Lentz apparently prided himself on not being a traditional pastor, preaching in Saint Laurent jacket, ripped jeans, and so on.  But I don't want to speak about Lentz himself as much as the culture. Because truly, the problem is not that he was wearing designer things, it's the intrinsic abuse that is constant across Christian circles and why it continues to foster. According to Graham's report, Lentz leadership focused so much on personalities that soon it devolved into having a VIP section in Church, an exclusive green room...IN CHURCH. 

"But several former Hillsong volunteers described a particularly intense culture of working 12 or more hours a day and then being treated as low-status workers by church leaders. After the staff enjoyed catered dinners on Saturday evenings at the church offices, volunteers would be summoned from home to come in and clean the kitchen... and seeing a friend who was a church volunteer sitting at the edge of the room. The volunteer had been enlisted to drive partiers home in the wee hours of the morning, but had not been invited to enjoy the party himself"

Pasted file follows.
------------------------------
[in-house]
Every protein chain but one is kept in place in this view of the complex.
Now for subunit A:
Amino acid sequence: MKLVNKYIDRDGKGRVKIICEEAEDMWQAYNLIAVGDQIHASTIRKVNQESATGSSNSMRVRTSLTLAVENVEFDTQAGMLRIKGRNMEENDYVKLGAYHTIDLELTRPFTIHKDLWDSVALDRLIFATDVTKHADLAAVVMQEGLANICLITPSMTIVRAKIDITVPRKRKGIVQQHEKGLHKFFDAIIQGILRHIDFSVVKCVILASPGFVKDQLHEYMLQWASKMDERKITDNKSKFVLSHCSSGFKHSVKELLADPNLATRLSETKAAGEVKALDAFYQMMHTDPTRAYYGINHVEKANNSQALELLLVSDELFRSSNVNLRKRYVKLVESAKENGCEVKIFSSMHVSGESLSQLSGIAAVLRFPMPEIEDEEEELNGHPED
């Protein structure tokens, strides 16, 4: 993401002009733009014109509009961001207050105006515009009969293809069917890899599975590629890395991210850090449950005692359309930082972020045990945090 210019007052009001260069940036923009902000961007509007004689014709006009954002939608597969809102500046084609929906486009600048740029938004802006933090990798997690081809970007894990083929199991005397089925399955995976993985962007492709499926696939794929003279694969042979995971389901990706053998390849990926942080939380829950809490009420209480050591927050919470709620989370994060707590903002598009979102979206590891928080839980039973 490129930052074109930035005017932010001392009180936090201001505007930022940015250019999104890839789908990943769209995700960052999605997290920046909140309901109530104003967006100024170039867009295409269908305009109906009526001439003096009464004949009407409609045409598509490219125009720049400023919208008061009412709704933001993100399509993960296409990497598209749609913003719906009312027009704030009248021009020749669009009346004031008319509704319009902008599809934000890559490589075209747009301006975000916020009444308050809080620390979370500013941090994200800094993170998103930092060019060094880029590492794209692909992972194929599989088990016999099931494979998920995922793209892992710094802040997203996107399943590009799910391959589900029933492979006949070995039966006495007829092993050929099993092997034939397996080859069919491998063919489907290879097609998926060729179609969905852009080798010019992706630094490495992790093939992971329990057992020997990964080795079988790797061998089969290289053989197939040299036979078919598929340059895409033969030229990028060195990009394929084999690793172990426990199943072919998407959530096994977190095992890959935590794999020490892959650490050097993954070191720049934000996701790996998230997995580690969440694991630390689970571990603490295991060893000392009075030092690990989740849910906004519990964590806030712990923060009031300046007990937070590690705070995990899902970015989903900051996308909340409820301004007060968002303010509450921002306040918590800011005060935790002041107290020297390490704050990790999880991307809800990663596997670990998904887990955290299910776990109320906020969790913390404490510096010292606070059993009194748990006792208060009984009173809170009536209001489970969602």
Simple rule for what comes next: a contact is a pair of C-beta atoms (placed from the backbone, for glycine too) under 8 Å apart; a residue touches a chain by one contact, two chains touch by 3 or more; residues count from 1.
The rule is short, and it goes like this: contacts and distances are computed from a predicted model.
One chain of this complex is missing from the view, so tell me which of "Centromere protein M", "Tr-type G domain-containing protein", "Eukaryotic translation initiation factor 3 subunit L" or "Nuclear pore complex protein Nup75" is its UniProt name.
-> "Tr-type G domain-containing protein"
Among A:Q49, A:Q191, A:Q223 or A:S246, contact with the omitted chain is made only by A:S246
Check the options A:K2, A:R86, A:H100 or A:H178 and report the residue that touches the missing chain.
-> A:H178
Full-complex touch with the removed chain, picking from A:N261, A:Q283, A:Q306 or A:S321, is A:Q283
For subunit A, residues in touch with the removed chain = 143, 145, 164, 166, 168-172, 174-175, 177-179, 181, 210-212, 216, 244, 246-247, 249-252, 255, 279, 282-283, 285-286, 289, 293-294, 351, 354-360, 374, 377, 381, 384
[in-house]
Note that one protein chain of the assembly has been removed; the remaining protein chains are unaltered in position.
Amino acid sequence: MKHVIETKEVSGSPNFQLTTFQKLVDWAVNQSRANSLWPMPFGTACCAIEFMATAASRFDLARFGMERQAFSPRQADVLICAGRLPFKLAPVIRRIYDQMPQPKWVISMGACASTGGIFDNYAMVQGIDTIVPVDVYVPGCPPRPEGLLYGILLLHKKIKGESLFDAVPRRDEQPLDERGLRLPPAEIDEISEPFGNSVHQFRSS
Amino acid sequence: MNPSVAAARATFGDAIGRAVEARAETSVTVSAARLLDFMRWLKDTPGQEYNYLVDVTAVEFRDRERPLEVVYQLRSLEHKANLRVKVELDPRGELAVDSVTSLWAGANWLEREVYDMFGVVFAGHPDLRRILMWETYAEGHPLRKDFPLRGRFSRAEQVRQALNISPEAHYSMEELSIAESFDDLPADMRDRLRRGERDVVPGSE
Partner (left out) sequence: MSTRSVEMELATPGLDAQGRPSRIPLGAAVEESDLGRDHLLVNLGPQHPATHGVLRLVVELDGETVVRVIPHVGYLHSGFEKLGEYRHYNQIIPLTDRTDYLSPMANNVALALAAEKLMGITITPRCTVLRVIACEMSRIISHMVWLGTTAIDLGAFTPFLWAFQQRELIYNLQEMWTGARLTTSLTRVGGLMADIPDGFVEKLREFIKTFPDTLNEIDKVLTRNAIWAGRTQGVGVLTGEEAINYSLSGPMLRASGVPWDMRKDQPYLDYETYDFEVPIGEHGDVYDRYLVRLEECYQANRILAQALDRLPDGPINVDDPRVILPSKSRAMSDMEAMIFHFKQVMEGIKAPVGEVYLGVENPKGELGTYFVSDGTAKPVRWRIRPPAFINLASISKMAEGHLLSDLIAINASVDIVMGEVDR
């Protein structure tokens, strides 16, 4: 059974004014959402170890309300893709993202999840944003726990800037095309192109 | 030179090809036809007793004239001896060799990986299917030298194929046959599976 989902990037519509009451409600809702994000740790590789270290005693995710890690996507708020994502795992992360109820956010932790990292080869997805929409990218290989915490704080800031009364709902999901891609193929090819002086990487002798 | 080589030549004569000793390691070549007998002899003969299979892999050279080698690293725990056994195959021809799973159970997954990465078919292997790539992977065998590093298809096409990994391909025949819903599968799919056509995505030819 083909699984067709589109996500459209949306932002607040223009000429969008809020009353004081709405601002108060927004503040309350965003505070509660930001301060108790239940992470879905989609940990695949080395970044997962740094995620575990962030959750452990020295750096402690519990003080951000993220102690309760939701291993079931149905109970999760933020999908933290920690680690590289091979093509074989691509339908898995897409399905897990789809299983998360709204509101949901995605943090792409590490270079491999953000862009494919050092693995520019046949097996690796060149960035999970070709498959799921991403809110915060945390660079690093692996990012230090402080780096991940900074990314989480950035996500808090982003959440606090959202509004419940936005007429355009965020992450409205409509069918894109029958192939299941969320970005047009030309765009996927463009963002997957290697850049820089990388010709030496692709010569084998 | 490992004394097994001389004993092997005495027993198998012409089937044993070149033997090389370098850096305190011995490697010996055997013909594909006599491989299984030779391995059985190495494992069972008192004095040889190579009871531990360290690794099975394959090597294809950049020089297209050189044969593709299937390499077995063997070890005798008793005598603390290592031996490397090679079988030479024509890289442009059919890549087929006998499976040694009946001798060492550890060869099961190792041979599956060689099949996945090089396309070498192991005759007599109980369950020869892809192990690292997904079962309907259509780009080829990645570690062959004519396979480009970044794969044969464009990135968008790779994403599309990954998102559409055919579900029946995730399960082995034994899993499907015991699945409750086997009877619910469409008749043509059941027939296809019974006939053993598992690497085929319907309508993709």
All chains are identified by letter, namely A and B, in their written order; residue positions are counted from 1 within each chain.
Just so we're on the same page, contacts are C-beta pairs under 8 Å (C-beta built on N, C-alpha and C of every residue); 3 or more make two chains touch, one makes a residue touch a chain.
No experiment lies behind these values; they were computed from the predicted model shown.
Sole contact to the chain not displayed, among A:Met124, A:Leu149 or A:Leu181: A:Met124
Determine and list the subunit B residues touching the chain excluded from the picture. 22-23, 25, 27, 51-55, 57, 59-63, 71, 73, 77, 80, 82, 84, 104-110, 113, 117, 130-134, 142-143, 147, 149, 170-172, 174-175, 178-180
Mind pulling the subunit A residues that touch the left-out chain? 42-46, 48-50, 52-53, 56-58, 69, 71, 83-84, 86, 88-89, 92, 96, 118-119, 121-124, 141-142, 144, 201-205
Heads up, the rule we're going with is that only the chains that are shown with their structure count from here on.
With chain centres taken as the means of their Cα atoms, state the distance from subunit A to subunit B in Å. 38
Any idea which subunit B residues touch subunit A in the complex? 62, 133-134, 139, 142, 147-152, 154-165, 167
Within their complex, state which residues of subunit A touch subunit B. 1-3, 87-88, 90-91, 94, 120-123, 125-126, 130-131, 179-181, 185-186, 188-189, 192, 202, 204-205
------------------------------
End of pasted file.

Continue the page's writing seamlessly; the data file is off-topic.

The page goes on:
In which world should the above even be allowed? As soon as I saw the above quote, I immediately thought of the Lindseys. Earlier this year, there was the revelation about the Lindseys. Which frankly seeing their Instagram pages was not at surprising. Former members of The Gathering Oasis (the church owned by the Lindseys) came out with allegations of the scale of abuse they suffered in the hands of Heather and Cornelius Lindsey. They detailed the widespread embezzlement and financial abuse at the core of their "ministry". When one of them expressed disagreement about how finances were being handled (read using church money to fund personal SUVs), he was fired. In response, the Lindseys touted a spiritual attack on their ministry. Unlike Lentz, the Lindseys own their church so the lack of accountability is even more blatant. Why did one suffer the consequences of his actions and another party continue unscathed? Accountability.